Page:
Project description:The degradation of proteins by the 26S proteasome is initiated by protein polyubiquitination mediated by a three-step cascade. The specific ubiquitination of different target proteins is mediated by different classes of E3 ubiquitin ligases, among which the best known are Skp1-Cullin-F-box complexes. Whereas protists, fungi and some vertebrates have a single SKP1 gene, many animal and plant species possess multiple SKP1 homologues. In this paper, we report on the structure, phylogeny and expression of the complete set of rice SKP1 genes (OSKs, Oryza sativa SKP1-like genes). Our analyses indicated that OSK1 and OSK20 belong to a class of SKP1 genes that contain one intron at a conserved position and are highly expressed. In addition, our yeast two-hybrid results revealed that OSK proteins display a differing ability to interact with F-box proteins. However, OSK1 and OSK20 seemed to interact with most of the nine F-box proteins tested. We suggest that rice OSK1 and OSK20 are likely to have functions similar to the Arabidopsis ASK1 and ASK2 genes.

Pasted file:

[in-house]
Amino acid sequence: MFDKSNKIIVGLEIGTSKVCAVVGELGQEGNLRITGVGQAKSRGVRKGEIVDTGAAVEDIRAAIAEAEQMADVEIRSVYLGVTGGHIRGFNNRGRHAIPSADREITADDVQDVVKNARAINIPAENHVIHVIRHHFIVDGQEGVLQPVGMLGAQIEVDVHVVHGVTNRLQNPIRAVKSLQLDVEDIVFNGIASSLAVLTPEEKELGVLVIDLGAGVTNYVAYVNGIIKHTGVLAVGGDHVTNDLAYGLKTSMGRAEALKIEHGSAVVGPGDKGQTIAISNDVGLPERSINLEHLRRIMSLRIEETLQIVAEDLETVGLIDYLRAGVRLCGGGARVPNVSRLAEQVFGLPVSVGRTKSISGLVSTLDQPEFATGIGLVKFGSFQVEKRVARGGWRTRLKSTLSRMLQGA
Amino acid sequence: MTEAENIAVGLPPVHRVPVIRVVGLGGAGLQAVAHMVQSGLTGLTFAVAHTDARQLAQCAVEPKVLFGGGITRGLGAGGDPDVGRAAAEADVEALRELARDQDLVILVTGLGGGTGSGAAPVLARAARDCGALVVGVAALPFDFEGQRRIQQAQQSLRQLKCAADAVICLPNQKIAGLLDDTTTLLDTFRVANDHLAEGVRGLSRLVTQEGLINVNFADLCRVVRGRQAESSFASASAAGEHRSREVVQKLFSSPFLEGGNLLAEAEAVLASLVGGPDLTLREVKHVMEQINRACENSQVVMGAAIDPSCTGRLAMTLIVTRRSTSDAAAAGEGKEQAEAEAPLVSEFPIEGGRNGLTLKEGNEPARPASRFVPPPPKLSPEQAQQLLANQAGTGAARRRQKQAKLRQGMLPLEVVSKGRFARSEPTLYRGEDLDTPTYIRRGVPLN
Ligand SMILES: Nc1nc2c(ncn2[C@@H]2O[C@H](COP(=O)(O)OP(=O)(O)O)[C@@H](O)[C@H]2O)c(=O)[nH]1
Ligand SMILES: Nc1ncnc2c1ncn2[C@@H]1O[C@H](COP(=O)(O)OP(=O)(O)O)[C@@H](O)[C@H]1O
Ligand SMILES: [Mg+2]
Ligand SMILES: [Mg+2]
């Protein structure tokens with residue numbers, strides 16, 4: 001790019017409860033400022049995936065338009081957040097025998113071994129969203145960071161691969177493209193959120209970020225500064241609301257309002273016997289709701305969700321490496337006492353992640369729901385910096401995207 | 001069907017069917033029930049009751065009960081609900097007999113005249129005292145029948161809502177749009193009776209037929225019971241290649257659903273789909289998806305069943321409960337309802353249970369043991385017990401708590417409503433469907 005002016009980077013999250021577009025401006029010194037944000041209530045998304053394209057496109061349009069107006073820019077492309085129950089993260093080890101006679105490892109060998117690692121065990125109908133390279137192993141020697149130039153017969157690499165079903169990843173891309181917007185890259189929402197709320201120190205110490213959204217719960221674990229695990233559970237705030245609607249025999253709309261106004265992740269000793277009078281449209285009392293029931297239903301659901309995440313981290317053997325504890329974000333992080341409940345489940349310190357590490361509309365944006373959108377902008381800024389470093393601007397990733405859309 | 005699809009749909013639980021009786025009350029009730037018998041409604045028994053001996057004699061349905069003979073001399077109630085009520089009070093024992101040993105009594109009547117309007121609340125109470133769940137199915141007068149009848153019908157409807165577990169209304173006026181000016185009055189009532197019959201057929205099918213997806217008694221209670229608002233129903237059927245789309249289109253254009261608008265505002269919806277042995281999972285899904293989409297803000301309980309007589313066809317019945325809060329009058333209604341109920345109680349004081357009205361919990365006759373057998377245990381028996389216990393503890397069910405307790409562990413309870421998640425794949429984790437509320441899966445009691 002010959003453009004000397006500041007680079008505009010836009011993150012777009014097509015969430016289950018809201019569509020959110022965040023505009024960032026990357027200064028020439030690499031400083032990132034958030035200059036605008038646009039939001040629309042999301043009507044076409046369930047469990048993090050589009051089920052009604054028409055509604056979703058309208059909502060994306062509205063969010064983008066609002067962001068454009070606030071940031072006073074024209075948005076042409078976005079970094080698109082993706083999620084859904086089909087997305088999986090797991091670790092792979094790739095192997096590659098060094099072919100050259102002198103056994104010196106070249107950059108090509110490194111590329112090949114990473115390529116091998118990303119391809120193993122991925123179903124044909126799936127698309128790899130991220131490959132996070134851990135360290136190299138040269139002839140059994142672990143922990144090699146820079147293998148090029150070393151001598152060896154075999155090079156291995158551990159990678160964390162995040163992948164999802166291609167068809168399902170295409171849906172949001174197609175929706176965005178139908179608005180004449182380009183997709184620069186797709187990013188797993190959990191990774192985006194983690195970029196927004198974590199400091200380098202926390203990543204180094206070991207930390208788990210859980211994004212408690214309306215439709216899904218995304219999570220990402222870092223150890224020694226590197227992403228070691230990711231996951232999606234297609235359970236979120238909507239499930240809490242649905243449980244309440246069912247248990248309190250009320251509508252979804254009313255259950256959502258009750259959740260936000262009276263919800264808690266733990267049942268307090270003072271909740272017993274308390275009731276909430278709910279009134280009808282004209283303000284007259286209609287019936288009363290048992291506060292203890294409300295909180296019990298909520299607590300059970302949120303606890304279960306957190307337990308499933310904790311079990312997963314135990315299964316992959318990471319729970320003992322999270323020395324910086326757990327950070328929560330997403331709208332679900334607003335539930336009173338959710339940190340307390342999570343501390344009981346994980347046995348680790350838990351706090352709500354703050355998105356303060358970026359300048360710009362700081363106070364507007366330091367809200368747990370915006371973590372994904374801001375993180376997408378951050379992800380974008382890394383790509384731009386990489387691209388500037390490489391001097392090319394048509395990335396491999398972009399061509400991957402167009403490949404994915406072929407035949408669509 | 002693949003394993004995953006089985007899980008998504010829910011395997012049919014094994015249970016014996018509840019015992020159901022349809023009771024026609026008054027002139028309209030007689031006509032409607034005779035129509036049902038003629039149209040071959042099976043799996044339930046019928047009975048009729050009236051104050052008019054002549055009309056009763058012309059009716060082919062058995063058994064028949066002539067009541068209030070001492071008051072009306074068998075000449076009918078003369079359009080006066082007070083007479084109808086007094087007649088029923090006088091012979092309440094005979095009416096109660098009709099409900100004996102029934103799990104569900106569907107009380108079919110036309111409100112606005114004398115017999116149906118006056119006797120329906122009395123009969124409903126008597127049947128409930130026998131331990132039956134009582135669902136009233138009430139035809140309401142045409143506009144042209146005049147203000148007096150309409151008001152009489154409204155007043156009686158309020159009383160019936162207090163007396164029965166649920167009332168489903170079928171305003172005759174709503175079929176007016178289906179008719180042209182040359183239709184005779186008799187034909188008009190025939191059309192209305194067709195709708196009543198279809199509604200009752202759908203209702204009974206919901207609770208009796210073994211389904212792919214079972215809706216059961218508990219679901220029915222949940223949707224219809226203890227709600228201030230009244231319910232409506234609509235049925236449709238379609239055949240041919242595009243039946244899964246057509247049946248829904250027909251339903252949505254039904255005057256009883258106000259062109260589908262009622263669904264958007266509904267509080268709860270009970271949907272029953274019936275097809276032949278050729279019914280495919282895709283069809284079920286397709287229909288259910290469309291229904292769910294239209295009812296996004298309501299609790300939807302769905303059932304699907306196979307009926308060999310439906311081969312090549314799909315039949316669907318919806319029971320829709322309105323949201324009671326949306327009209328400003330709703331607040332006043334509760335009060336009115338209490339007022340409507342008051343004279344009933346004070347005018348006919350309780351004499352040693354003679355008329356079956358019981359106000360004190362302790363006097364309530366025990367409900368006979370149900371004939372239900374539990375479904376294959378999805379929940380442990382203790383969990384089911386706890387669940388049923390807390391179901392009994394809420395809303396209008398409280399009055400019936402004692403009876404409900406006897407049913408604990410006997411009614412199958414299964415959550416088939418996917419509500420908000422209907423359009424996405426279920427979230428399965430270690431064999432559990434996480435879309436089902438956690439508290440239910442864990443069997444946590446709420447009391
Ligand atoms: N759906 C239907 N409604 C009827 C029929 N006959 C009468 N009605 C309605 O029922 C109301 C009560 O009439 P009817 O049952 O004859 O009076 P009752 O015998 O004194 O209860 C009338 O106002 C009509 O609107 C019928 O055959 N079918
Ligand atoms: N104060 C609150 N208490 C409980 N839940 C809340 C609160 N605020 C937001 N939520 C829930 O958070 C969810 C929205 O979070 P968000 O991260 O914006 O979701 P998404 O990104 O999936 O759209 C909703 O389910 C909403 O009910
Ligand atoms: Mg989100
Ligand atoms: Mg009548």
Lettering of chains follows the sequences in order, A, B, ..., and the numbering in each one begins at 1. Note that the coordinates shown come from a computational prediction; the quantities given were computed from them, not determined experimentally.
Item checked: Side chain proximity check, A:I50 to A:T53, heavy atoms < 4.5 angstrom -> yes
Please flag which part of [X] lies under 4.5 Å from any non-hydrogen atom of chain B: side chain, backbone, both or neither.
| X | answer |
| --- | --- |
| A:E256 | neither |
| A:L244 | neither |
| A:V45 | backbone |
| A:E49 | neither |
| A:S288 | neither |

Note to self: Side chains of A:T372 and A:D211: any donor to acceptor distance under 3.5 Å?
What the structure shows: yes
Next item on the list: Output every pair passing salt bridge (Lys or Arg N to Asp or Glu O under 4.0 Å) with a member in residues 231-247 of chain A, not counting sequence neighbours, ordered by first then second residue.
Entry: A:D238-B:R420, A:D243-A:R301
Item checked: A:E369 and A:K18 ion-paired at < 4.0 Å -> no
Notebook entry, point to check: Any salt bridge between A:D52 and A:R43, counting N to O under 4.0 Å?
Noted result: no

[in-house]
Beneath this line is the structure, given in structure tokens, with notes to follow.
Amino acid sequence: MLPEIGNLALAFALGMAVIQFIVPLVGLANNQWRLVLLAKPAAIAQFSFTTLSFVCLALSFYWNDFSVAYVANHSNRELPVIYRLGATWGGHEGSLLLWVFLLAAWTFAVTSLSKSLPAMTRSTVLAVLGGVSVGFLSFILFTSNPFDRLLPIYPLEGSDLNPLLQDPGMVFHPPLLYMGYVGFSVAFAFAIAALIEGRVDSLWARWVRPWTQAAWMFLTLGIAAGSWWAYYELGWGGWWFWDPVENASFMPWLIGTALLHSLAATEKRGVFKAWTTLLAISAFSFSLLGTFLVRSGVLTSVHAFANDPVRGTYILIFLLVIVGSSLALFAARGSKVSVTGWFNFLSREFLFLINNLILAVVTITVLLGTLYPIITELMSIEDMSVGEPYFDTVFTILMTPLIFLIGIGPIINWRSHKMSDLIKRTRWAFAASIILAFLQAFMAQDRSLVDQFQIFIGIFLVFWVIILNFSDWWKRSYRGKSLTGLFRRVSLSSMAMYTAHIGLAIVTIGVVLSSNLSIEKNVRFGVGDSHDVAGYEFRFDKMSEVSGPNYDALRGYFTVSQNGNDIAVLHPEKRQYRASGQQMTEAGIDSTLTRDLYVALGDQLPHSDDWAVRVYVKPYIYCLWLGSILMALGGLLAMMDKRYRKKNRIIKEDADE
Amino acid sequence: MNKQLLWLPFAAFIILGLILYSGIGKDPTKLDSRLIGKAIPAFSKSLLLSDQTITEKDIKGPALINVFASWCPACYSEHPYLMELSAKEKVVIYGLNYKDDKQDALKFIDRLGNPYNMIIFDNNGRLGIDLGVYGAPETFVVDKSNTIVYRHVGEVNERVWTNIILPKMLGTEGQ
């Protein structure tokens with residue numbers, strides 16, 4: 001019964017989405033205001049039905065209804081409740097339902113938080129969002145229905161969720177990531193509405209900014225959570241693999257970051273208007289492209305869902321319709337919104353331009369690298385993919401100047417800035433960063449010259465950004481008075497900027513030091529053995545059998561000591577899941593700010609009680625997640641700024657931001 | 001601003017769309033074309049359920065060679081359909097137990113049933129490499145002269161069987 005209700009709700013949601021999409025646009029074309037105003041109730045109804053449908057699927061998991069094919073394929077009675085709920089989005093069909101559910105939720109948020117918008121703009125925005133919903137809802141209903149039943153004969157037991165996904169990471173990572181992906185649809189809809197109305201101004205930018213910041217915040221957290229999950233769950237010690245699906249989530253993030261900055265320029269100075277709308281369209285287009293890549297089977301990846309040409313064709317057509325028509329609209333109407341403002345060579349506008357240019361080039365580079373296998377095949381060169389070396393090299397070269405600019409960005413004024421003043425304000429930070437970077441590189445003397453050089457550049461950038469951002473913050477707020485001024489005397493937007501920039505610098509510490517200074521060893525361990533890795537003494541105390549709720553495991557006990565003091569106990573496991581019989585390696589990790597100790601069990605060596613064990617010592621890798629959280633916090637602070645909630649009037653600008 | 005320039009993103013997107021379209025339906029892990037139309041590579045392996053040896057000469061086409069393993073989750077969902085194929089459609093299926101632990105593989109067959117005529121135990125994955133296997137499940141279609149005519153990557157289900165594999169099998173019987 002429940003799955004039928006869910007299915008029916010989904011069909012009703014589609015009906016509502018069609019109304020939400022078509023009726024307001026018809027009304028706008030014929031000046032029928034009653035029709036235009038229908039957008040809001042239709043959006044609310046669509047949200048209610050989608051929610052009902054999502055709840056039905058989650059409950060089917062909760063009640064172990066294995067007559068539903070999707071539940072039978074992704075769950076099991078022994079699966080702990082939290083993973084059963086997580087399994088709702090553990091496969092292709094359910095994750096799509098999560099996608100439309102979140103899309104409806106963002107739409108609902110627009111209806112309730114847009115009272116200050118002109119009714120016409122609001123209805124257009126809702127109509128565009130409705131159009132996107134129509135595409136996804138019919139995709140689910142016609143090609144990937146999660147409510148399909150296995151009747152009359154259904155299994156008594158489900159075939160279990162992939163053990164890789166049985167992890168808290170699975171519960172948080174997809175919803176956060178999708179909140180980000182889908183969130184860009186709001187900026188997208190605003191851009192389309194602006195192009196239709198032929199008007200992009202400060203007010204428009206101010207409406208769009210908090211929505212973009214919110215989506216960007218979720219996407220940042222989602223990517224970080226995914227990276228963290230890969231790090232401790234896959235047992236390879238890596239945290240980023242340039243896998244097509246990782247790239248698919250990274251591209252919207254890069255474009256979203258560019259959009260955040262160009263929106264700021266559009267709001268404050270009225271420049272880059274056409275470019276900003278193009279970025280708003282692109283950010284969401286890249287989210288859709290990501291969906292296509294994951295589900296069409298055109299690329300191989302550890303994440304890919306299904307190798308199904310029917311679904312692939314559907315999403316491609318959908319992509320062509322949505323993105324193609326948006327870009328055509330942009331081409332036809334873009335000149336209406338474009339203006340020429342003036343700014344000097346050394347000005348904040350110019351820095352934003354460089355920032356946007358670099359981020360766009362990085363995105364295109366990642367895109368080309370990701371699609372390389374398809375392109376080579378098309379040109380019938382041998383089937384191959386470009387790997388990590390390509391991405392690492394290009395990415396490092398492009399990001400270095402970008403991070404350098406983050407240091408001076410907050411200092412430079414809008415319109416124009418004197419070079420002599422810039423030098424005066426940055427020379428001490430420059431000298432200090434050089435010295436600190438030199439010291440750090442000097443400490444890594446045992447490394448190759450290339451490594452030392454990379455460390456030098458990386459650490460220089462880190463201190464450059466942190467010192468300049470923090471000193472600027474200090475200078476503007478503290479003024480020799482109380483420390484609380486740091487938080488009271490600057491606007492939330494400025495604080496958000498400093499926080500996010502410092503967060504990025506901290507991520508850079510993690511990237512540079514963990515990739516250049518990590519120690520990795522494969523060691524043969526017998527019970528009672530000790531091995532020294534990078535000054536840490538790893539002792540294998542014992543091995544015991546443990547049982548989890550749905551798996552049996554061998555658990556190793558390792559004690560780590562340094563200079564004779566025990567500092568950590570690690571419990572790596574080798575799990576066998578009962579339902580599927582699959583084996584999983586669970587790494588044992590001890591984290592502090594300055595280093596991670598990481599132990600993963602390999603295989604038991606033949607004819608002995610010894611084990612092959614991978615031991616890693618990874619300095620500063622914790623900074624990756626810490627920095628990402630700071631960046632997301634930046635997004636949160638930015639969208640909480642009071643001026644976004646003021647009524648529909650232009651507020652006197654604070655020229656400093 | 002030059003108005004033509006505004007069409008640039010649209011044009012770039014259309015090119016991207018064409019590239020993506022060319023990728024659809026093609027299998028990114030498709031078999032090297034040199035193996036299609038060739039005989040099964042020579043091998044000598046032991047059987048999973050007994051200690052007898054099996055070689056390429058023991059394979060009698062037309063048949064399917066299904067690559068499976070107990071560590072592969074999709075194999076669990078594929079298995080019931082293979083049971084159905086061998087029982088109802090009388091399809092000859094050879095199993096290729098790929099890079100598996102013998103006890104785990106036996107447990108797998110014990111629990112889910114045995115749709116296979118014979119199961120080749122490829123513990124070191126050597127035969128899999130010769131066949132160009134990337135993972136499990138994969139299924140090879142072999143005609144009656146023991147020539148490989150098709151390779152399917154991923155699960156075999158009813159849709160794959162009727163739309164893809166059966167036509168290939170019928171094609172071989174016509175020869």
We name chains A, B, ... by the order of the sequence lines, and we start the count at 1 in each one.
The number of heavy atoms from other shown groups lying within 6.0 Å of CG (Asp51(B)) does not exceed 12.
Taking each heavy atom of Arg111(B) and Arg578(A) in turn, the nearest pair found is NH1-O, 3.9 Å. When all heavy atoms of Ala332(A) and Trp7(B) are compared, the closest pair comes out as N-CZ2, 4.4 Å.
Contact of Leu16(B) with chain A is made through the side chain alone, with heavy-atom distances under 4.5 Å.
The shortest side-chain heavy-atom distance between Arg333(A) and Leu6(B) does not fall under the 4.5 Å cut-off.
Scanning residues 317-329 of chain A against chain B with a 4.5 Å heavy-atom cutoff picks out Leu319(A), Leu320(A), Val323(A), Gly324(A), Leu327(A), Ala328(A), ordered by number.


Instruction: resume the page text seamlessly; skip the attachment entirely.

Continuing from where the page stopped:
Project description:Skp1-Cul1-F-box (SCF) E3 ligases play key roles in multiple cellular processes through ubiquitination and subsequent degradation of substrate proteins. Although Skp1 and Cul1 are invariant components of all SCF complexes, the 69 different human F-box proteins are variable substrate binding modules that determine specificity. SCF E3 ligases are activated in many cancers and inhibitors could have therapeutic potential. Here, we used phage display to develop specific ubiquitin-based inhibitors against two F-box proteins, Fbw7 and Fbw11. Unexpectedly, the ubiquitin variants bind at the interface of Skp1 and F-box proteins and inhibit ligase activity by preventing Cul1 binding to the same surface. Using structure-based design and phage display, we modified the initial inhibitors to generate broad-spectrum inhibitors that targeted many SCF ligases, or conversely, a highly specific inhibitor that discriminated between even the close homologs Fbw11 and Fbw1. We propose that most F-box proteins can be targeted by this approach for basic research and for potential cancer therapies.